Plastic Pollution facts

questions about plastic pollution

Hard-hitting Plastic pollution facts: Useful for kids and adults alike!

Here at CLEAR Community, our aim is to help communities in Indonesia manage their waste through initiatives like waste banks and educational programmes. So we know a lot about plastic waste – read on to find out where it all comes from, how big a problem it is and why it’s such a big issue….

How much single-use plastic is produced every year?

Over 300 million tons of plastic is produced annually. (Source: UNEP) It’s hard to imagine how big this is – but 300 million tons is an equivalent weight to:

  • the entire human population, or
  • 2,700,000 blue whales
  • 681 million footballs!

 

Which countries produce the most plastic waste?

The USA produces the most plastic waste, followed by the UK. The top countries that produce the most plastic waste are:

  1. USA, with 105.3 plastic waste per capita kgs per year 
  2. UK: 98.66
  3. South Korea: 88.09
  4. Germany: 81.16
  5. Thailand: 69.54
  6. Malaysia: 67.04
  7. Argentina: 60.95

(Source: Wordatlas.com)

 

How much plastic is recycled every year?

Only around 9% of plastic gets recycled every year. The bulk of plastic around the world is sent to landfill (40%), 25% is incinerated and 15% is dumped. (Source: BBC

 

 

Which countries are best at recycling?

Recycling rates vary around the world – the top 5 countries for recycling are: 

  1. Germany – they recycle 56% of their waste
  2. Austria – 53.8%%
  3. South Korea – 53.7%
  4. Wales – 52.5%
  5. Switzerland – 49.7%

(Source: NS Packaging)


Which are the worst countries for recycling?

Turkey and Chile are the worst countries for recycling – they both recycle less than 1% of their waste and their recycling rates have been decreasing.  (Source: Global citizen)

You might not know that the UK exports 60% of its plastic waste to be recycled. This might come as a bit of a shock if you’re someone who pops all your plastic bottles into your recycling bin – you probably wouldn’t expect it to get shipped around the world to be burnt or dumped into the environment or our oceans.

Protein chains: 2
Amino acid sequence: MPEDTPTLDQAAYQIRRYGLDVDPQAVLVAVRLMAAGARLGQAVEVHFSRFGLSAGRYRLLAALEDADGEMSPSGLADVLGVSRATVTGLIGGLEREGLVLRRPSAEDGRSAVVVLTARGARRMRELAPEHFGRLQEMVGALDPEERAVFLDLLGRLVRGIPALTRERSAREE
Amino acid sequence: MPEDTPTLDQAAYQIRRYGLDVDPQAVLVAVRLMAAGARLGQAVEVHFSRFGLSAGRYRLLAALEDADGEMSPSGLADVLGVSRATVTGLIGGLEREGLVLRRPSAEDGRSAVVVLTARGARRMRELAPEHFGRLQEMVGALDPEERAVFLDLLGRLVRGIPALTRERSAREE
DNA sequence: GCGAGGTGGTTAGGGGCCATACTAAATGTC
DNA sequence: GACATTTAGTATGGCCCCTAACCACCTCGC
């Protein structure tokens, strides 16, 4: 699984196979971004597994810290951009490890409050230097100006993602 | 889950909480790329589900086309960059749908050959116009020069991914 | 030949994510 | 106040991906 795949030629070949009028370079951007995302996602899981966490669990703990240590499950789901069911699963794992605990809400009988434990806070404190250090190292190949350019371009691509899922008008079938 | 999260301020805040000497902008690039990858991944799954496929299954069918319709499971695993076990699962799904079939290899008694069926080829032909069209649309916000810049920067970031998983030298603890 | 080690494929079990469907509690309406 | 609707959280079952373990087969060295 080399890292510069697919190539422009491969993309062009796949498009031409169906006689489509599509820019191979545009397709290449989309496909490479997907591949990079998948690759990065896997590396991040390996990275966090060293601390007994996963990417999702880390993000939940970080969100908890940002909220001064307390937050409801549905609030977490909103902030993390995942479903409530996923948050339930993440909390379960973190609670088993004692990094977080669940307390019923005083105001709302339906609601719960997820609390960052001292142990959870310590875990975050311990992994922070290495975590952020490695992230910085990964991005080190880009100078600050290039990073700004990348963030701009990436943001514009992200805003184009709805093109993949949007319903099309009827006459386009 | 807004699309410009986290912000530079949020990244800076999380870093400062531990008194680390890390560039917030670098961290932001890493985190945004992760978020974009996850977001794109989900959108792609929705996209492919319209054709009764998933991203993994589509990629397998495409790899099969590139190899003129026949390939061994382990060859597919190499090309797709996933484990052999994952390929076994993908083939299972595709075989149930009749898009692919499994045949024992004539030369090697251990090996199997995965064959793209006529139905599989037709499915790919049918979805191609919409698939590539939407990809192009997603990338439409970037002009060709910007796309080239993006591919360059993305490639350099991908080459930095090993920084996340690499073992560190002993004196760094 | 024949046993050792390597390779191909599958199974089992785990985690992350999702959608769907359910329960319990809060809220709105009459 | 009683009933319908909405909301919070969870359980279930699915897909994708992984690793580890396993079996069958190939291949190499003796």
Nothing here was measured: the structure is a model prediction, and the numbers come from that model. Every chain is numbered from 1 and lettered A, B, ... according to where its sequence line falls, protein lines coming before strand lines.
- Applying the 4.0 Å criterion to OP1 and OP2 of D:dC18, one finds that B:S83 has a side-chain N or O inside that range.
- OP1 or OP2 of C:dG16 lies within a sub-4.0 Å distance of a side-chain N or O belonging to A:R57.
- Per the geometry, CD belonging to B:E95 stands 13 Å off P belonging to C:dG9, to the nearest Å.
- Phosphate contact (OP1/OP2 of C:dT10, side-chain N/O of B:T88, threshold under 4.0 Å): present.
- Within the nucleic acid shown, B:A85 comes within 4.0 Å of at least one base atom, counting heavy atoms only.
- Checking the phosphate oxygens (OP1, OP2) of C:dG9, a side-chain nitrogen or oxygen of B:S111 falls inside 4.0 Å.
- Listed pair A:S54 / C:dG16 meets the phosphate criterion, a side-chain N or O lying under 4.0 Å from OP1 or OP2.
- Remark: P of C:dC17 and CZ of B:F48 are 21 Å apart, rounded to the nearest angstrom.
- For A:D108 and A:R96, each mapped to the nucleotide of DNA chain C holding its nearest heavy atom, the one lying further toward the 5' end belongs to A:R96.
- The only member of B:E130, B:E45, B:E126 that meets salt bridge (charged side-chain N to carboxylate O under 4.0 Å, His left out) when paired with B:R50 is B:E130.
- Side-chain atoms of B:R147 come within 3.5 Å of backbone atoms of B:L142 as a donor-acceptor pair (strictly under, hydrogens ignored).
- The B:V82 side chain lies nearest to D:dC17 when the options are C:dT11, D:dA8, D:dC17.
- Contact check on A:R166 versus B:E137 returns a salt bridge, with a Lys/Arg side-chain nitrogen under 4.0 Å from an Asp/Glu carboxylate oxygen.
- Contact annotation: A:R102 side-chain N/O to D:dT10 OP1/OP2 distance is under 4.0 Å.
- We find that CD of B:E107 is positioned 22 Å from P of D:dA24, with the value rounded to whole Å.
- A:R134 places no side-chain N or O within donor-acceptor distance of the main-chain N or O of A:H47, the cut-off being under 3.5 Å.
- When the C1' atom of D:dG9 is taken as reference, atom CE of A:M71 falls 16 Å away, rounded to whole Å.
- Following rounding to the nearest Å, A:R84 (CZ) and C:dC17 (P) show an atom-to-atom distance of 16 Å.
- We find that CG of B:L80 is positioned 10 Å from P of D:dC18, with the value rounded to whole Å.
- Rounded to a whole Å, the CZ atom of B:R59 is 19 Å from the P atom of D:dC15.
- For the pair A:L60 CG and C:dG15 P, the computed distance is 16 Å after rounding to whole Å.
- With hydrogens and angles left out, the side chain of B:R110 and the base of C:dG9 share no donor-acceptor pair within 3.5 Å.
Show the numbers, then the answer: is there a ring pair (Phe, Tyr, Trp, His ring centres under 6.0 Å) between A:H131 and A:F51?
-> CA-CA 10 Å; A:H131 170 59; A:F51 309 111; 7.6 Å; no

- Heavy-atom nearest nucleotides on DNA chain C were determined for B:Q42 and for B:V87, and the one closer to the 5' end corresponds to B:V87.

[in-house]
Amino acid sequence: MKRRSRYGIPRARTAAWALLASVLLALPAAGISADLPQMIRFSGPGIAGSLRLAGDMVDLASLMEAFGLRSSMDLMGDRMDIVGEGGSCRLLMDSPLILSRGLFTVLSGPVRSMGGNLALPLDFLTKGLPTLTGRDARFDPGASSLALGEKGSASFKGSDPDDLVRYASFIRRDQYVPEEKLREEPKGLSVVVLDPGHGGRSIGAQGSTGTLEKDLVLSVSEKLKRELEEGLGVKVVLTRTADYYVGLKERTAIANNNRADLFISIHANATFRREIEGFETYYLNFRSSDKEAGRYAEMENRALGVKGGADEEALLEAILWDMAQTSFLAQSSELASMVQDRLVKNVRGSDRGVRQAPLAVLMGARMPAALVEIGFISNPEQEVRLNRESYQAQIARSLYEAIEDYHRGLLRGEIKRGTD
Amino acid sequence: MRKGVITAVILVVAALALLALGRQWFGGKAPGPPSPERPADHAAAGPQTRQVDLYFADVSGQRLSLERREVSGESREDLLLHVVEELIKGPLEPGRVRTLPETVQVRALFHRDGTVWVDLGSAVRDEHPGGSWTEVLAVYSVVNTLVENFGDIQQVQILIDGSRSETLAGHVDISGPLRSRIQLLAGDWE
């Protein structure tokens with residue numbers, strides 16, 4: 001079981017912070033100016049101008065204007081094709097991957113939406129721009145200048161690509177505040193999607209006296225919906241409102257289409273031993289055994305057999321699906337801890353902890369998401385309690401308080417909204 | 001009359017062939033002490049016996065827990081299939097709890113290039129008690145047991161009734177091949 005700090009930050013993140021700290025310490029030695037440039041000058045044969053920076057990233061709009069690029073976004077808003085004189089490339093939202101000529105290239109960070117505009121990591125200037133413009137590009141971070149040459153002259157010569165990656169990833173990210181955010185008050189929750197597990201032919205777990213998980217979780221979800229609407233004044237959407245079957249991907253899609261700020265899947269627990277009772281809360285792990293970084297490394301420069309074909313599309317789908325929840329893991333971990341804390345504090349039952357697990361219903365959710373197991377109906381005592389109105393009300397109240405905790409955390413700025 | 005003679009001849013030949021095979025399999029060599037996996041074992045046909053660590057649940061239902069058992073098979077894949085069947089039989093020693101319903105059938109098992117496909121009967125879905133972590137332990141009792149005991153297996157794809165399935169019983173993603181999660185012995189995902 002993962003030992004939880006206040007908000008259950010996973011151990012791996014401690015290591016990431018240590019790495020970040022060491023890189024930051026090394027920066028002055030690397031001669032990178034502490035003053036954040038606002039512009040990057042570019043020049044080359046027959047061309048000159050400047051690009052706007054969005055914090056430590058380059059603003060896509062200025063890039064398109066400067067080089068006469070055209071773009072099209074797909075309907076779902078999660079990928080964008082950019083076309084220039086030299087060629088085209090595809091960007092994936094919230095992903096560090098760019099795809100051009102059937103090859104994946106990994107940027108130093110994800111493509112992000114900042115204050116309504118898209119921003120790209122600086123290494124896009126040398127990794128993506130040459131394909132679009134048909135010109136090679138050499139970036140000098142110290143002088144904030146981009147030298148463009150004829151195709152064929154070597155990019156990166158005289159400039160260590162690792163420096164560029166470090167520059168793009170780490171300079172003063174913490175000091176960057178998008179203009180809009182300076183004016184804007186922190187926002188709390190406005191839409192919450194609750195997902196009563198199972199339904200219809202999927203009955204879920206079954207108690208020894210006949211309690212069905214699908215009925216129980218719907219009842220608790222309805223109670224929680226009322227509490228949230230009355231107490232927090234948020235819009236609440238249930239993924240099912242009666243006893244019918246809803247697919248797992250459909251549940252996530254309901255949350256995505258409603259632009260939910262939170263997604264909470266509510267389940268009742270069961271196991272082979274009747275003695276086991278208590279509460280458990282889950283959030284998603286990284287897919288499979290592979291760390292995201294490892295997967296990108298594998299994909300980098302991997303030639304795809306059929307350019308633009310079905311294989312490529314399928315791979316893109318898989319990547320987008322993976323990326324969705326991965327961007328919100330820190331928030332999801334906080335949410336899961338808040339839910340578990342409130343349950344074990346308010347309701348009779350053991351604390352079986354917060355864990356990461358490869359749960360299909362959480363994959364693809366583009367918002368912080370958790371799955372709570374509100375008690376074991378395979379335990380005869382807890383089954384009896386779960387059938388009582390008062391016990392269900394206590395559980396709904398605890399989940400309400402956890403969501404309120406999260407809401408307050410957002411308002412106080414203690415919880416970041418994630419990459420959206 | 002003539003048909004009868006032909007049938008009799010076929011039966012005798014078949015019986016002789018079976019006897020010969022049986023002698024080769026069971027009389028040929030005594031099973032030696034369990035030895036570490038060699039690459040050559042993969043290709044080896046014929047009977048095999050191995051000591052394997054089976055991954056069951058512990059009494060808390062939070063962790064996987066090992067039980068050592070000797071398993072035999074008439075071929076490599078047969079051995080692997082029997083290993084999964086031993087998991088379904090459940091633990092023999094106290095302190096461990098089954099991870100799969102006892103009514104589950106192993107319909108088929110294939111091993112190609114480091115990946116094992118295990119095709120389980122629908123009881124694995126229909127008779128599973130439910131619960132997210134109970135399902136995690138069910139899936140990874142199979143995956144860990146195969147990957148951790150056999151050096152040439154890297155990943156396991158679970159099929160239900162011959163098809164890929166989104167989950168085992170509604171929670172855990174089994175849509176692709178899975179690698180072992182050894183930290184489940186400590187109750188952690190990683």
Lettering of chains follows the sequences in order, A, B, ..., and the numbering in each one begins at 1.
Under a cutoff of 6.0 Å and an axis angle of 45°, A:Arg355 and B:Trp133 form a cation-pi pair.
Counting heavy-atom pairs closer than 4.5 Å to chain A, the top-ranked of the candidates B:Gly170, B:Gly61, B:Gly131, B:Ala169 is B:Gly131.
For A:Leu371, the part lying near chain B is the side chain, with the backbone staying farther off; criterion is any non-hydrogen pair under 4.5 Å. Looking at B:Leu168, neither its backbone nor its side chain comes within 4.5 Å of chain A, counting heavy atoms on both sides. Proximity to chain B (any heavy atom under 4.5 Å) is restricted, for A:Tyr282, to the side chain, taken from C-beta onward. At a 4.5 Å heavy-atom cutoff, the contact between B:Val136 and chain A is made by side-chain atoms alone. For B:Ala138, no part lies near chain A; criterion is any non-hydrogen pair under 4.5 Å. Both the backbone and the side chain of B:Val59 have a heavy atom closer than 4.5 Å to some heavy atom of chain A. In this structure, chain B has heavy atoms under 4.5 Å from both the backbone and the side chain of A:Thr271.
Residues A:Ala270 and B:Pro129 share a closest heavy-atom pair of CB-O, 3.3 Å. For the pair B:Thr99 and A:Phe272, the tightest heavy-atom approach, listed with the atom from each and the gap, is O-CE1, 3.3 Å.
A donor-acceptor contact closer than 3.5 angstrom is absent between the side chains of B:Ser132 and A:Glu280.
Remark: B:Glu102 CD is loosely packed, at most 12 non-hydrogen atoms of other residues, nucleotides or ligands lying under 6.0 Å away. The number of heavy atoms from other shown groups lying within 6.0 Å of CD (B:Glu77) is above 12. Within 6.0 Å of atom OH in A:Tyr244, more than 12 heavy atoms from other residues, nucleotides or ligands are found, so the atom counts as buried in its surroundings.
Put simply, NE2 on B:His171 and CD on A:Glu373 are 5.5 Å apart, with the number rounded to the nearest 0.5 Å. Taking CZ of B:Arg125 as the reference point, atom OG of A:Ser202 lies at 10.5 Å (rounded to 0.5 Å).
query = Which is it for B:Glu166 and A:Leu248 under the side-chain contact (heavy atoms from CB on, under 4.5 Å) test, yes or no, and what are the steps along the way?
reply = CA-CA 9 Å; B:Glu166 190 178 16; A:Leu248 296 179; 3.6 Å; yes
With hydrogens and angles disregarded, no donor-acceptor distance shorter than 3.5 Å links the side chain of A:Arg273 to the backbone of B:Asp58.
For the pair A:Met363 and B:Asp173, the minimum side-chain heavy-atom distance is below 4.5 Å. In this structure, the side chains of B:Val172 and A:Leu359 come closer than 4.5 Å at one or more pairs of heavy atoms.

So you can start seeing the scale of the problem, and why CLEAR Community are trying to help tackle the issue.

How much plastic pollution is in the oceans?

It’s estimated that there’s over 150 million tons of plastic in the oceans. Nobody’s been able to confirm an exact figure, but a study in 2015 estimated it to be 150 million tons, and if this was to continue to grow, then we’d expect 600 million tons of plastic to be in the oceans by 2040.

The Ellen MacArthur foundation predicted that there will be more plastic than fish in the oceans by the year 2050. 

The impact of ocean waste

Millions of people in the UK had their eyes opened to the impact of ocean waste when watching BBC’s Blue Planet 2 in 2018 which featured scenes like seabirds feeding plastic to their young, and a whale calf dying from swallowing so much plastic.

An incredible 88% of people said they changed their behaviour as a result of watching the programme, and the same study found that 60% of people use reusable water bottles – which increases to 70% in the 17-24 age group.

Nonetheless, we still have a huge issue trying to tackle the 150 million tons of plastic that are in the ocean which can harms marine wildlife in many ways eg:

  • getting tangled in plastic waste like discarded fishing nets and other plastic waste which can lead to suffocation
  • getting trapped in plastic waste like bags and bottles – again leading to suffocation
  • swallowing plastic (and feeding it to their young) because they think it’s food – a belly full of plastic will ultimately lead to death

It’s estimated that 56% of whales, dolphins and porpoises have consumed plastic – imagine how difficult it is for them to differentiate between a jellyfish or a squid and a plastic bag.

How many sea animals die from plastic?

It’s estimated that plastic kills over 1 million marine creatures every year. Just imagine all those beautiful creatures – birds, dolphins, fish, crabs, turtles and more; it’s a horrific statistic.

 

 

What’s the most common plastic found in the ocean?

It might surprise you but the most common plastic in the ocean is fishing nets.